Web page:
Accuity releases industry report on impact of Dodd-Frank remittance transfer rules

AccuityAccuity—part of BankersAccuity, a provider of global payment routing data and anti-money laundering screening software and services—released an industry report earlier this month examining the impact of Dodd-Frank’s remittance transfer rules.

The 2010 Dodd-Frank Act established new standards for remittance transfers—or money transfers from the U.S. to a foreign country. Under the rules, companies are required to disclose to consumers the exchange rate, taxes and fees, fees charged abroad by intermediaries or agents, a disclaimer that fees and foreign taxes may apply and the amount to be delivered abroad.

The disclosures must be issued to the sender before payment for the transfer. Companies are also required to provide a receipt that includes the same information from the first disclosure or a proof of payment, as well as the date when the money will arrive and how the consumers can report a problem with a transfer.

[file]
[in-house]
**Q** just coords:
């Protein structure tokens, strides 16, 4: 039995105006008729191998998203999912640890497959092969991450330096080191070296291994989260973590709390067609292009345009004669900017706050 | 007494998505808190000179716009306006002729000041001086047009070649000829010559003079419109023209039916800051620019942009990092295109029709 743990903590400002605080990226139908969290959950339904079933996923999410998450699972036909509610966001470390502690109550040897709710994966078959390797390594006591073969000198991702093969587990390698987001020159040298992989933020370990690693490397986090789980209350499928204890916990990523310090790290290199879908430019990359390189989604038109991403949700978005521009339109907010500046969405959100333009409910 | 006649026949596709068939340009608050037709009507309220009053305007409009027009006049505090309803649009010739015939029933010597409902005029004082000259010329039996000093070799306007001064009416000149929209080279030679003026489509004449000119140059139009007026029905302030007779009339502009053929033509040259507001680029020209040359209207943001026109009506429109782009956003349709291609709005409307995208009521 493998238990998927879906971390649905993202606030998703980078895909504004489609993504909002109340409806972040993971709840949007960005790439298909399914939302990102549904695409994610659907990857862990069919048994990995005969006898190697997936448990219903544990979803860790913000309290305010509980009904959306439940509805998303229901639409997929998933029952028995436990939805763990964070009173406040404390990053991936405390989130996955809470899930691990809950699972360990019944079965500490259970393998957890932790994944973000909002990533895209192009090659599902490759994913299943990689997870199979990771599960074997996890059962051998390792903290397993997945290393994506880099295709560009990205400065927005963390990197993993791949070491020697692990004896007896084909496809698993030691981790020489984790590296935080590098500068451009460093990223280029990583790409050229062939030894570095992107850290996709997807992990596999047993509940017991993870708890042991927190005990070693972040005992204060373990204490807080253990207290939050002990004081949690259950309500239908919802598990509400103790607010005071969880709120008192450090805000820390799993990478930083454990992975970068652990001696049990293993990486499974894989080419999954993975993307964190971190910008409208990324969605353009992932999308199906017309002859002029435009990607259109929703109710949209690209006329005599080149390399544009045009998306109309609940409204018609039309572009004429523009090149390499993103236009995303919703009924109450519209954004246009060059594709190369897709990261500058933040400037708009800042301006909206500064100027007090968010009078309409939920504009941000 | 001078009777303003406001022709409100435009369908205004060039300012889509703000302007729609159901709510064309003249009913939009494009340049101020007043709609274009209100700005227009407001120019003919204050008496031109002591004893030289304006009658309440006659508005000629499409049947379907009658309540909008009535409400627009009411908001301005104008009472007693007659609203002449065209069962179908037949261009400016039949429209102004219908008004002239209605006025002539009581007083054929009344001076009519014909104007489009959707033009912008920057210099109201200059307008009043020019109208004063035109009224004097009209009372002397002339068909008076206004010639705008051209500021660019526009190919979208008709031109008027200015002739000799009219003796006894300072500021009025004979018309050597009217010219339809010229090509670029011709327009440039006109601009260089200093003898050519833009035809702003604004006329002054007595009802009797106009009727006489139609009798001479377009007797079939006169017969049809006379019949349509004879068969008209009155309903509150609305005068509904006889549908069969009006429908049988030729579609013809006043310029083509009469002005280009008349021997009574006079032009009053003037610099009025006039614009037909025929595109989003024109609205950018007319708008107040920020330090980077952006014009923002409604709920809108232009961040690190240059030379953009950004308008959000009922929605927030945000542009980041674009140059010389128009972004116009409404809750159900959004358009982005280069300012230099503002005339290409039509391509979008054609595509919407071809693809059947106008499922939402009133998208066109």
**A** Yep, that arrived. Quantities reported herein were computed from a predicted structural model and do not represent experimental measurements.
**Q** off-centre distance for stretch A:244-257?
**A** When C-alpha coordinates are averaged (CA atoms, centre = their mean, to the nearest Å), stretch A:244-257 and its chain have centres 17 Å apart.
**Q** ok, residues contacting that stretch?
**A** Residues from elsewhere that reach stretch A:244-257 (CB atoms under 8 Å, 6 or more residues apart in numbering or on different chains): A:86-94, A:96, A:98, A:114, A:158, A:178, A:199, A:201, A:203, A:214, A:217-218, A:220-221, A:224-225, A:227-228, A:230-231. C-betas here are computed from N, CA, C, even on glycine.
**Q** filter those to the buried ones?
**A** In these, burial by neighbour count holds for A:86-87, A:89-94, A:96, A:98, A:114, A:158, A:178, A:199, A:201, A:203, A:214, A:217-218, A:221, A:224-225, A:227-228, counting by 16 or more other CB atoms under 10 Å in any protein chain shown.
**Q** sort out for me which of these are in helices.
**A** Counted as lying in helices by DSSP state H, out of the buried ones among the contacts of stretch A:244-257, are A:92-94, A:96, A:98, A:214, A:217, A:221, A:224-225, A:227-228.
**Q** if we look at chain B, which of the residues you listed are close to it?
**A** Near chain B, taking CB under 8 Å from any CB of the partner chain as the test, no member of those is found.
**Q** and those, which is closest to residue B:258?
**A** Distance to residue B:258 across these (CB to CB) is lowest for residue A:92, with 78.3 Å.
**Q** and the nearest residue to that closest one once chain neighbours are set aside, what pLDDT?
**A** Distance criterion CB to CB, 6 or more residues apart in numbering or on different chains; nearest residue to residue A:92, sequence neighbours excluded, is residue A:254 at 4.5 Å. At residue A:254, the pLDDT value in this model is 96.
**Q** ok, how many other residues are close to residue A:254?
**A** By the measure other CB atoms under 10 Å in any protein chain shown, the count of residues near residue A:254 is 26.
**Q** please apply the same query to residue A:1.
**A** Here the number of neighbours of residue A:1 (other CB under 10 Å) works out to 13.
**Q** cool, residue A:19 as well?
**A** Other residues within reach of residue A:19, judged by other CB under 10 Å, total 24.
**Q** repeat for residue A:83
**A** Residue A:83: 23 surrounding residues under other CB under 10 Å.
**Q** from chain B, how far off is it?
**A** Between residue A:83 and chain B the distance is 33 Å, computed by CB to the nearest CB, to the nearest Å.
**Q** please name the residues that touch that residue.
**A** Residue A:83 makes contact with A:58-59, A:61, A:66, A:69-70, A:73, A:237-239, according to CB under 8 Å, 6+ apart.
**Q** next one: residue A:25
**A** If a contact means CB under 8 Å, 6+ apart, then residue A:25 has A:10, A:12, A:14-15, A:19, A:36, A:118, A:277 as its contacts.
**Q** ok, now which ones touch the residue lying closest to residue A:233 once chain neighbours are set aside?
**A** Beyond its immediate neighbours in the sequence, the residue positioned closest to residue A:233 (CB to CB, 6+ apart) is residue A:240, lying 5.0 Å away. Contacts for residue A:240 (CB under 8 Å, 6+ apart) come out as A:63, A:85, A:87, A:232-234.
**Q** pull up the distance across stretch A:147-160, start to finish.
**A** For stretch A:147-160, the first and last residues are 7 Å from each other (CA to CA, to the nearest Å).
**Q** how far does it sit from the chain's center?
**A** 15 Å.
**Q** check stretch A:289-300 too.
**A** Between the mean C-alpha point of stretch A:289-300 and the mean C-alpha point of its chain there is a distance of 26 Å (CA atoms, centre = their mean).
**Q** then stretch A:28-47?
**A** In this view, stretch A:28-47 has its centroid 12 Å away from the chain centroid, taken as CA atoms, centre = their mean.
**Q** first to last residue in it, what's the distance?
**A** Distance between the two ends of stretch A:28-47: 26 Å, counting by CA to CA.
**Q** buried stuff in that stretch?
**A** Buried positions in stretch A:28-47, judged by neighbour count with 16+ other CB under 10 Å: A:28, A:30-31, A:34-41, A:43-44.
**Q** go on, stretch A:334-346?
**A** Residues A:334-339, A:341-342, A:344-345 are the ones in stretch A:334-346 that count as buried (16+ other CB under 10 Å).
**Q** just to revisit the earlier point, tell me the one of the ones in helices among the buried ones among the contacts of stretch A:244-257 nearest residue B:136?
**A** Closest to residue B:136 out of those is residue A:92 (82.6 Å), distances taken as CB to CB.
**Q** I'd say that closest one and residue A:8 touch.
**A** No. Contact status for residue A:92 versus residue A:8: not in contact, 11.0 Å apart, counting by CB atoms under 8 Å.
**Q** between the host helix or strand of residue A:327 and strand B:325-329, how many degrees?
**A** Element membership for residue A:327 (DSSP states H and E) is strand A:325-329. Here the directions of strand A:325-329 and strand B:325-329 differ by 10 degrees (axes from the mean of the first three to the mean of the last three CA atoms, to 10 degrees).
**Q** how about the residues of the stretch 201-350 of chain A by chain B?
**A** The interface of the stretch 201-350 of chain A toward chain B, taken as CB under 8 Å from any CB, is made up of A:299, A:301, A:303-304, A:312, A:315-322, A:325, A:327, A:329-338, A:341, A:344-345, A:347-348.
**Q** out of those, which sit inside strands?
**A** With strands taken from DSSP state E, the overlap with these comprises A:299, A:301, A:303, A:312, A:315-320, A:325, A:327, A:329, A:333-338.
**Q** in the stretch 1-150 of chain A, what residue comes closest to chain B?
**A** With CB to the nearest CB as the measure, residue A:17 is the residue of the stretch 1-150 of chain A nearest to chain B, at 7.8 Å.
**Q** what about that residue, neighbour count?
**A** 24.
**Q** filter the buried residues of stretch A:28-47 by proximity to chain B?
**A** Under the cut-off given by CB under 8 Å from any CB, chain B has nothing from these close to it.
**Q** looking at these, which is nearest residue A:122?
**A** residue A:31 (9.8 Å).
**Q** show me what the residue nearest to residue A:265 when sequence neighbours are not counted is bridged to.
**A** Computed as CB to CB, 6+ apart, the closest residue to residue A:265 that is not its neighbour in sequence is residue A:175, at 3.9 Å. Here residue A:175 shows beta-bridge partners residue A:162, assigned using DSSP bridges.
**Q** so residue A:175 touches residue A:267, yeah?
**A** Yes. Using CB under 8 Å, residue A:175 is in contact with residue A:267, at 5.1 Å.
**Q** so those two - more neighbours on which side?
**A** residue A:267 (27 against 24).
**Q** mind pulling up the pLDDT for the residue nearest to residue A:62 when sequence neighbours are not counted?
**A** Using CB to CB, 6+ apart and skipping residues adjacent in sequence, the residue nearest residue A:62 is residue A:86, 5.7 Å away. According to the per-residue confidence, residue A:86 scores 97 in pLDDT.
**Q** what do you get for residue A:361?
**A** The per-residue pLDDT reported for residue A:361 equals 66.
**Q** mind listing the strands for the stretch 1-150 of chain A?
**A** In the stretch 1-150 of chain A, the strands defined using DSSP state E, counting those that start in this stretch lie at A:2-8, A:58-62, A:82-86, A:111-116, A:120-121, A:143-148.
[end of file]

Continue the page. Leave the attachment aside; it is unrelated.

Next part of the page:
Accuity’s report, part of its ongoing Viewpoint series, said the new rules will increase costs and complexity for most institutions. An institution may also be forced to absorb costs if a payment has to be refunded or resent as a result of error.

The report also said the new rules increase pressure on the front end for banks, money service businesses and payment agents to ensure the customer has supplied complete and accurate bank routing details for each transaction, requiring more efficient validation policies and payment processing procedures.

Banks that develop more efficient procedures, however, could find that it is a competitive advantage.

“Even for banks that have historically accepted repair fees and costs as the price of good customer service, Section 1073 can mean re-examining every aspect of payment validation and workflow,” Sarkis Akmakjian, the associate director of product management at Accuity, said. “But developing better payment processing can also mean smoother transactions, faster processing and more unified customer service—exactly what institutions need in today’s competitive landscape.”

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